The Stony Metaphysical Heart of Animalism

In Stephan Blatti & Paul Snowdon (eds.), Animalism. Oxford University Press. pp. 303-328 (2016)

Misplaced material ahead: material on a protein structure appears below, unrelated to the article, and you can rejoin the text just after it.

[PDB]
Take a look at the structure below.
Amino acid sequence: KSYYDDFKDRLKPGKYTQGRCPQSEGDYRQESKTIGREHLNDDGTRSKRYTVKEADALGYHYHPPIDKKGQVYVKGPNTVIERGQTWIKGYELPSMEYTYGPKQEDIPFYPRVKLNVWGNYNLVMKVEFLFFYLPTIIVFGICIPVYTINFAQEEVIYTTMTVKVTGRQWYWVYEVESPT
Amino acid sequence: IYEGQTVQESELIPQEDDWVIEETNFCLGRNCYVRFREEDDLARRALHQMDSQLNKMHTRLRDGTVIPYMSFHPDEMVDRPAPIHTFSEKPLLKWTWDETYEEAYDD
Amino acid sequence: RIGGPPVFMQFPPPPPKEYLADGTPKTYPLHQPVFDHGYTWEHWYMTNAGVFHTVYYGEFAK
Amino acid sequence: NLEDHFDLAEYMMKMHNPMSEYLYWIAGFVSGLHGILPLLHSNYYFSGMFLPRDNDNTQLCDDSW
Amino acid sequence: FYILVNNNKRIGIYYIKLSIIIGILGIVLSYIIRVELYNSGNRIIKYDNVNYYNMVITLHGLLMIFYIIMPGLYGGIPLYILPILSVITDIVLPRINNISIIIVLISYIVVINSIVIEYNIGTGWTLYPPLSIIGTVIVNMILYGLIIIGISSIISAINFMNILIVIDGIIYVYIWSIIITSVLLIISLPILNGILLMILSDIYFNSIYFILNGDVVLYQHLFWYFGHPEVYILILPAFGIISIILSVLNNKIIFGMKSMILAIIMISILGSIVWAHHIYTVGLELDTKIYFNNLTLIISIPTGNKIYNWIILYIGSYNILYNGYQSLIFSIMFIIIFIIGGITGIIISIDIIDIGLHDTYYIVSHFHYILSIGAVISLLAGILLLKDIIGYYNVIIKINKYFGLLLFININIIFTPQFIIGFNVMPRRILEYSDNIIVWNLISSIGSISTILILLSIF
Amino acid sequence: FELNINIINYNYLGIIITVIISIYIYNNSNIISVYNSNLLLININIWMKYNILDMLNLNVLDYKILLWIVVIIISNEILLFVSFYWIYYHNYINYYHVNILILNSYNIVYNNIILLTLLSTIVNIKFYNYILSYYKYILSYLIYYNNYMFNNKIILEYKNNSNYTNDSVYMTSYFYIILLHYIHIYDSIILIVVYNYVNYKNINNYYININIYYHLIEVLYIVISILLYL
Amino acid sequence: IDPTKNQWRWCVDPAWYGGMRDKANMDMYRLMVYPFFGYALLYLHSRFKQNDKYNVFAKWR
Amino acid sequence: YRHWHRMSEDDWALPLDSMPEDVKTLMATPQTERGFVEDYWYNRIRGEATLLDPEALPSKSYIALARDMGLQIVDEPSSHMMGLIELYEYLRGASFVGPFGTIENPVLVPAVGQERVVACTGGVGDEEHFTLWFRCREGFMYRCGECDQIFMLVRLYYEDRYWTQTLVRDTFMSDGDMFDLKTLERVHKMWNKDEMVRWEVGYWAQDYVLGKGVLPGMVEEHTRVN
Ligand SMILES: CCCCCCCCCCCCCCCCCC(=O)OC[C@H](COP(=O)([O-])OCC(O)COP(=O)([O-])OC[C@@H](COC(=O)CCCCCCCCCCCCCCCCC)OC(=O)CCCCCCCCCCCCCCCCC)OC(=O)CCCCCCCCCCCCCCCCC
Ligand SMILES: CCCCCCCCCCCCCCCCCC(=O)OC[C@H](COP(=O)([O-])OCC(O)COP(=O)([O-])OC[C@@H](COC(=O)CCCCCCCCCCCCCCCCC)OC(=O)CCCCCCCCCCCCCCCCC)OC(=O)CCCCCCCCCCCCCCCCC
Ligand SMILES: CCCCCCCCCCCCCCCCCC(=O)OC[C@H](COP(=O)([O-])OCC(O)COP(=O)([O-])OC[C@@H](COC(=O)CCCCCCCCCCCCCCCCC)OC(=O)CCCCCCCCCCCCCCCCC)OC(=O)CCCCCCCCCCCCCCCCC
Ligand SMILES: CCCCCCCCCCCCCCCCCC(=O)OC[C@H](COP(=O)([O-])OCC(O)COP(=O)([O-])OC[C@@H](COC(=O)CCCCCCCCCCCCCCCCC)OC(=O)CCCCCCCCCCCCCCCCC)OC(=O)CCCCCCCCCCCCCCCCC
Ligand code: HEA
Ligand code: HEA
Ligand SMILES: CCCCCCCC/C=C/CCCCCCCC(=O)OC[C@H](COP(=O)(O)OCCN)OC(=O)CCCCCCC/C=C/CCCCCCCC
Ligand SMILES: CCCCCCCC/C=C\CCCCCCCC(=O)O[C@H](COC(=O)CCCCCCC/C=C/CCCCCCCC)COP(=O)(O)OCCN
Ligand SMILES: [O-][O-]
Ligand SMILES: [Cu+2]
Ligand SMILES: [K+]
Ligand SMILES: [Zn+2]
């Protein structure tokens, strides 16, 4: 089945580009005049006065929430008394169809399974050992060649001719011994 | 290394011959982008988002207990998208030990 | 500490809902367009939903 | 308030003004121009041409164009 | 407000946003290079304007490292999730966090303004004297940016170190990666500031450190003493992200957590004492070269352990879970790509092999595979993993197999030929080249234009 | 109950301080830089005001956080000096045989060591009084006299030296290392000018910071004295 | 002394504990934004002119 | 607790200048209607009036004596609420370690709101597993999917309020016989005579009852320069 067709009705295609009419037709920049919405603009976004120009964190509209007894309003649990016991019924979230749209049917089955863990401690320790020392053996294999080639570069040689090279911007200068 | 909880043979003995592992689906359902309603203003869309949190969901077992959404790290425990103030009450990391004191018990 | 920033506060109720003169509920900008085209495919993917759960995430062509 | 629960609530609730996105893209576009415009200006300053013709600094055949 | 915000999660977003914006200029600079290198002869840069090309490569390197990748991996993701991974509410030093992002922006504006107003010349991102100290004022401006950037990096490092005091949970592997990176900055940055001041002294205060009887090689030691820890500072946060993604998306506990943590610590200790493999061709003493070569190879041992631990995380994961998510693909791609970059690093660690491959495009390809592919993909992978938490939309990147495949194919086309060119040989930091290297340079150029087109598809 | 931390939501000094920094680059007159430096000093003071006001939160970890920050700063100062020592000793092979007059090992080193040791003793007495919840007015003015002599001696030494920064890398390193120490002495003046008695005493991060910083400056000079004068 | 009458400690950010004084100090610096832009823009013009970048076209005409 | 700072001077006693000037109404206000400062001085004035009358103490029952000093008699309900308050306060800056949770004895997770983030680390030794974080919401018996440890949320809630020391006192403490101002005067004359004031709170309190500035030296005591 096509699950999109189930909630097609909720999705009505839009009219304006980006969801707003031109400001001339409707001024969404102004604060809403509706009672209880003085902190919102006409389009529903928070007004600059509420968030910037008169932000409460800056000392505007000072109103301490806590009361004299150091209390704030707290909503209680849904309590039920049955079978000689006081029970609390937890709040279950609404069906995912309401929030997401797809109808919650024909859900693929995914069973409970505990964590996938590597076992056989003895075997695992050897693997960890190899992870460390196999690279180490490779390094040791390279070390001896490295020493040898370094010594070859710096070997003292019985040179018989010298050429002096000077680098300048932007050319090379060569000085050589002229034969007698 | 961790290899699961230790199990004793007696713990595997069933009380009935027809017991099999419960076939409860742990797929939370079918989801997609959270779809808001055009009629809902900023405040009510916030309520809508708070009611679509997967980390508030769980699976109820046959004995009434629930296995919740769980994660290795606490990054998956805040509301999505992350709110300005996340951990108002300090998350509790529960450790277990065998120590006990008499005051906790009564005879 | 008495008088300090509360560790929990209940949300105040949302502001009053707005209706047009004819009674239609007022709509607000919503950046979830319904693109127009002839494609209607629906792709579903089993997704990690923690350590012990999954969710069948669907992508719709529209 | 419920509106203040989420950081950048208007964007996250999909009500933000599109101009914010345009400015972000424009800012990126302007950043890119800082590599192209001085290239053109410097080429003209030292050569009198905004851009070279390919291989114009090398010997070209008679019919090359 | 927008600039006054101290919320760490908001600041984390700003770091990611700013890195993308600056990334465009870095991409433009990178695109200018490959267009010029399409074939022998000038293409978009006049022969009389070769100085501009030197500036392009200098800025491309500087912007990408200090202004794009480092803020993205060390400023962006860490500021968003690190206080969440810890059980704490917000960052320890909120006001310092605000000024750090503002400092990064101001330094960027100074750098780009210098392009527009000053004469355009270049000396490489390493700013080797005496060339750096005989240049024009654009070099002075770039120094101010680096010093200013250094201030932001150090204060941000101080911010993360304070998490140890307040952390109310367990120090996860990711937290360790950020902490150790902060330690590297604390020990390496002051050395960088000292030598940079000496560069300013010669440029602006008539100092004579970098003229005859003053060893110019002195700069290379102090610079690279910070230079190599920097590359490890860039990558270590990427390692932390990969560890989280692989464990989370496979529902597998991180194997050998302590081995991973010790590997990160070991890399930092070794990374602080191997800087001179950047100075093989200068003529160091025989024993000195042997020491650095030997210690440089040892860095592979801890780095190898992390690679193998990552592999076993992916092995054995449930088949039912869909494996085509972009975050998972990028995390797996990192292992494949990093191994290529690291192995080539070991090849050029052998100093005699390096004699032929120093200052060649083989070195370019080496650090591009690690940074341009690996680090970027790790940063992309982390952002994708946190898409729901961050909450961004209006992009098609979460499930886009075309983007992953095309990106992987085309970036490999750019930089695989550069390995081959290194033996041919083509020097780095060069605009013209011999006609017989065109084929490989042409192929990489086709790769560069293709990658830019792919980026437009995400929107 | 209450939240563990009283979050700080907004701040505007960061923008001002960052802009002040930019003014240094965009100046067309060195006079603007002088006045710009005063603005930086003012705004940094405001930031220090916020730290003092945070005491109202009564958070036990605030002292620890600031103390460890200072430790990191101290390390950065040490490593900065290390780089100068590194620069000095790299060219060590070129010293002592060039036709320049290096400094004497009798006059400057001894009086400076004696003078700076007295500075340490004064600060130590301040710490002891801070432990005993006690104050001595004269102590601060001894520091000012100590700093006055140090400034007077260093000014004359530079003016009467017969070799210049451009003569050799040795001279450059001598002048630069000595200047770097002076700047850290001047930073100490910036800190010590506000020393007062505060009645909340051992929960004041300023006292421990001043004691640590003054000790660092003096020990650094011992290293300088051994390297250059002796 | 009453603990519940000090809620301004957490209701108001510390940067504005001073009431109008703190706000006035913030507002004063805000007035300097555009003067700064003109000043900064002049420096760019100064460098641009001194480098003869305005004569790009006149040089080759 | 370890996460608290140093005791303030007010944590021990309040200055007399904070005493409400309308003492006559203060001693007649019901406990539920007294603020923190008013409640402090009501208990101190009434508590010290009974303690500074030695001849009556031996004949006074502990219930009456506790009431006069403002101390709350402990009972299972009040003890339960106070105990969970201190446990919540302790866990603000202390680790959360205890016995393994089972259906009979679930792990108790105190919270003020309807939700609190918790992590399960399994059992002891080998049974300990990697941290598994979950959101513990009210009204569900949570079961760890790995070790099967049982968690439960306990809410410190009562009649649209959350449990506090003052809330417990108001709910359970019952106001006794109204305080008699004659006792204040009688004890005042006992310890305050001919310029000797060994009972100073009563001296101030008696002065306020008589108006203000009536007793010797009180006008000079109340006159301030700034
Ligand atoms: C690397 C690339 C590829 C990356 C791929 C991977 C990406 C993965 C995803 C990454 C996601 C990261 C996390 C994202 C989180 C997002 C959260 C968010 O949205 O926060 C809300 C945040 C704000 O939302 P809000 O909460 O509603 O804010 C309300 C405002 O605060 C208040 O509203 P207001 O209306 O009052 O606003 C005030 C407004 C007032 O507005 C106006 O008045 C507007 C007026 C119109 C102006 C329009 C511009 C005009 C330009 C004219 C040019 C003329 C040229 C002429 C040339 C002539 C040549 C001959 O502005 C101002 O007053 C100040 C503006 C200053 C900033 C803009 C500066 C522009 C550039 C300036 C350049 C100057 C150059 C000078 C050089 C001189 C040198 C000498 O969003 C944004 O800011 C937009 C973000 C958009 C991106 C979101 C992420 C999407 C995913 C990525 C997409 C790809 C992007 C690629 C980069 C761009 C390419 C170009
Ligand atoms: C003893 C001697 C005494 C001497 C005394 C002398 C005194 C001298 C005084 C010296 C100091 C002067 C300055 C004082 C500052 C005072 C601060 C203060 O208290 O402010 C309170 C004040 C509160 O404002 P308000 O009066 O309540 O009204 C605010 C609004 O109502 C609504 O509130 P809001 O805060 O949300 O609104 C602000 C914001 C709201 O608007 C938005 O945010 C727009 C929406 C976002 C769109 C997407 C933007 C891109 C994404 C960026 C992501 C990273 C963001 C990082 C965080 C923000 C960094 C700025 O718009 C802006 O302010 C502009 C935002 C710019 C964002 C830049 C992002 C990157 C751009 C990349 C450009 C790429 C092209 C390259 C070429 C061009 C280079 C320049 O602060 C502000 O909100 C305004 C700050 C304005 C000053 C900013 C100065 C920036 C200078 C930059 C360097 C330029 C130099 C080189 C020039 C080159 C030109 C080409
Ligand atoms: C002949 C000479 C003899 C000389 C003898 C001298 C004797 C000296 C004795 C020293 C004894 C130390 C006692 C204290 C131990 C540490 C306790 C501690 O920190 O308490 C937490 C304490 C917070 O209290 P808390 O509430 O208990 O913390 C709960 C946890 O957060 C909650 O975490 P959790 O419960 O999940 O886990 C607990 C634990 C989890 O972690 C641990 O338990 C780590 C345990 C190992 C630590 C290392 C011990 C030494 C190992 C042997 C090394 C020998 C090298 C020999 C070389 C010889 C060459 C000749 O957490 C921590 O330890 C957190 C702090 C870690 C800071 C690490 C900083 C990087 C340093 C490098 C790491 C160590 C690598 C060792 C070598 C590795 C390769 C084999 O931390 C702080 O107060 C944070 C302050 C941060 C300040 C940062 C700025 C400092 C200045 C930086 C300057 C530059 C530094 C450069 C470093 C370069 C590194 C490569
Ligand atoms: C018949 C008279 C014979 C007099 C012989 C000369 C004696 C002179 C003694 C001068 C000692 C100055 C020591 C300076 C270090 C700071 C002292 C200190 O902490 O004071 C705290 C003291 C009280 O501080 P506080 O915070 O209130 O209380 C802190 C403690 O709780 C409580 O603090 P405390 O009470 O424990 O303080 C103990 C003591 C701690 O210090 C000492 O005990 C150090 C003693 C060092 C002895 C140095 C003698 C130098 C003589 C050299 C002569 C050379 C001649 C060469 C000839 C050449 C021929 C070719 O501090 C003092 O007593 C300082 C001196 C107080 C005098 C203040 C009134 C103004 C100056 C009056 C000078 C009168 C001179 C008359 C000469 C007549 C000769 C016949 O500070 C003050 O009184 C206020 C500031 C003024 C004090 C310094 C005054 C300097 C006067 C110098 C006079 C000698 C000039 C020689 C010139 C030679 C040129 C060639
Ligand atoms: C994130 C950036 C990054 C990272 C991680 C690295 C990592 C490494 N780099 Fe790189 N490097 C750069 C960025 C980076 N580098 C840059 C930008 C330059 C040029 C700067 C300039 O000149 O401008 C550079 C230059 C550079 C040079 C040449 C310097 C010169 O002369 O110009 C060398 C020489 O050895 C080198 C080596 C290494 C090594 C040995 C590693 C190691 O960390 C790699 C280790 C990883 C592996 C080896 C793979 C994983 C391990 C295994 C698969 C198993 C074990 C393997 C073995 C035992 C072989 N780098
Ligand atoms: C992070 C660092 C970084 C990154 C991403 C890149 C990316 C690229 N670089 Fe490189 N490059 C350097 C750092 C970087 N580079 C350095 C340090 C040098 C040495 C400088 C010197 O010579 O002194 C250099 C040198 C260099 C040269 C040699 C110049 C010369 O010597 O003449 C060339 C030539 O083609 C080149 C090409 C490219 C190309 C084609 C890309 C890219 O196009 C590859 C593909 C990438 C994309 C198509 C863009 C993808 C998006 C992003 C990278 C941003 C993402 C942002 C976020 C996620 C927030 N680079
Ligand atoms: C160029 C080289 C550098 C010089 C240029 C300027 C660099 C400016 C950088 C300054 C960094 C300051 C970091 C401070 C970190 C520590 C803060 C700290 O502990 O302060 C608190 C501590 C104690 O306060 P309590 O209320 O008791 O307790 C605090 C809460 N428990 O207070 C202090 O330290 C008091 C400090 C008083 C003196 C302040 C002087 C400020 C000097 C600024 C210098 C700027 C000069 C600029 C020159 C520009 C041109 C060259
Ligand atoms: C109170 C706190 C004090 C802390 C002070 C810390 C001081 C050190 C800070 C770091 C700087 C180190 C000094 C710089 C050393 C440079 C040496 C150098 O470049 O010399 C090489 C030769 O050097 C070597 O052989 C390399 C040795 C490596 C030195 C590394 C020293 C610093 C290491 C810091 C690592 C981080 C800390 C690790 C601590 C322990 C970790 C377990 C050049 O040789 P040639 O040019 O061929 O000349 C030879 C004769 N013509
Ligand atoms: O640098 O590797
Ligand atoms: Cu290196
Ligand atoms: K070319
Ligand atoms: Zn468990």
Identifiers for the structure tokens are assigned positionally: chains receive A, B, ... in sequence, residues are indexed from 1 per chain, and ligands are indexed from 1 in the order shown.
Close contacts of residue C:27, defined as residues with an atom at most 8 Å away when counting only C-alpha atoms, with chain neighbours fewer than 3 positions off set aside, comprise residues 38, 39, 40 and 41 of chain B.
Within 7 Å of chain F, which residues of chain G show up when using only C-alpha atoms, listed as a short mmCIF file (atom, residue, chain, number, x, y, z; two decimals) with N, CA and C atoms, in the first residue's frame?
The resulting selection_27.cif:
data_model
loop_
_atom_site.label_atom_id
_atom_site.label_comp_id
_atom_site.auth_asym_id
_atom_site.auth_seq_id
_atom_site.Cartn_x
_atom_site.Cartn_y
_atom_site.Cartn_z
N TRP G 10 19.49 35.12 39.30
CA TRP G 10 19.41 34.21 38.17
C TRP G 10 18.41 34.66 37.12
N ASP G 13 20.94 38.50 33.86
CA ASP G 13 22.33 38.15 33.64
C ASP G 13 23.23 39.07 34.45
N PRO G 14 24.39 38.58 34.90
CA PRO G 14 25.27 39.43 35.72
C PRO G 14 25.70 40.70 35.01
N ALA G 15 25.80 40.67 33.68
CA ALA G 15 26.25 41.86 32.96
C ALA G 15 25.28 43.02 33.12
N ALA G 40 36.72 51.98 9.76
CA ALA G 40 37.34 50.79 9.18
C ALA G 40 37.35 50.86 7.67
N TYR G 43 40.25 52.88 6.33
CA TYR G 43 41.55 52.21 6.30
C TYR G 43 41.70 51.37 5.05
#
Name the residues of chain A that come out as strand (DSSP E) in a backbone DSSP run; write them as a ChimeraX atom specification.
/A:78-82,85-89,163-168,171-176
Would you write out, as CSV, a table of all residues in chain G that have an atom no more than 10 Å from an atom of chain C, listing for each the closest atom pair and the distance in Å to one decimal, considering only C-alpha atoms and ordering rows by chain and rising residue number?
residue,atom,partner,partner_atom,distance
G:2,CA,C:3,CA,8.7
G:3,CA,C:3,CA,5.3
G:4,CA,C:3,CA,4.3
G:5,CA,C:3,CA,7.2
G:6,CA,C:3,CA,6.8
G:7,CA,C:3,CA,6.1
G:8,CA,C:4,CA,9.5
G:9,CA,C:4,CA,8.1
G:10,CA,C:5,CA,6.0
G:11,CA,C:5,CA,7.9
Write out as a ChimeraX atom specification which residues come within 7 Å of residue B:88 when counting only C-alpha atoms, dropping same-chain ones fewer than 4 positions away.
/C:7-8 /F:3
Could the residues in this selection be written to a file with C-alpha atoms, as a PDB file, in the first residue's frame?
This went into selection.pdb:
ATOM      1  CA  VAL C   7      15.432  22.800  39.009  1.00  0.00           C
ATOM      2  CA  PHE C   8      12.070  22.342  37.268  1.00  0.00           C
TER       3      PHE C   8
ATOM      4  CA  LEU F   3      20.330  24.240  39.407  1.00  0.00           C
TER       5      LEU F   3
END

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Animalism—the view that the identity across time of individuals like us consists in the persistence of our animal organisms—does poorly at accounting for our identity-related practical concerns. The reason is straightforward: whereas our practical concerns seem to track the identity of psychological creatures—persons—animalism focuses on the identity of human organisms who are not essentially persons. This lack of fit between our practical concerns and animalism has been taken to reduce animalism’s plausibility (relative to psychological criteria of identity). In this paper, I survey the three leading replies to this challenge, finding them either implausible or incomplete. I will then attempt to construct the only viable response, one that begins by admitting that our practical concerns actually do not consist in a monolithic set; rather, there are distinctly different types of practical concerns, and while some are clearly grounded on psychological relations, some are actually grounded on others, including animalistic and humanistic relations; furthermore, their actual connection to identity is tenuous at best. What these concerns are, how they divide up, and what they are grounded on in each instance—these are the issues it is my second aim in this paper to take up.
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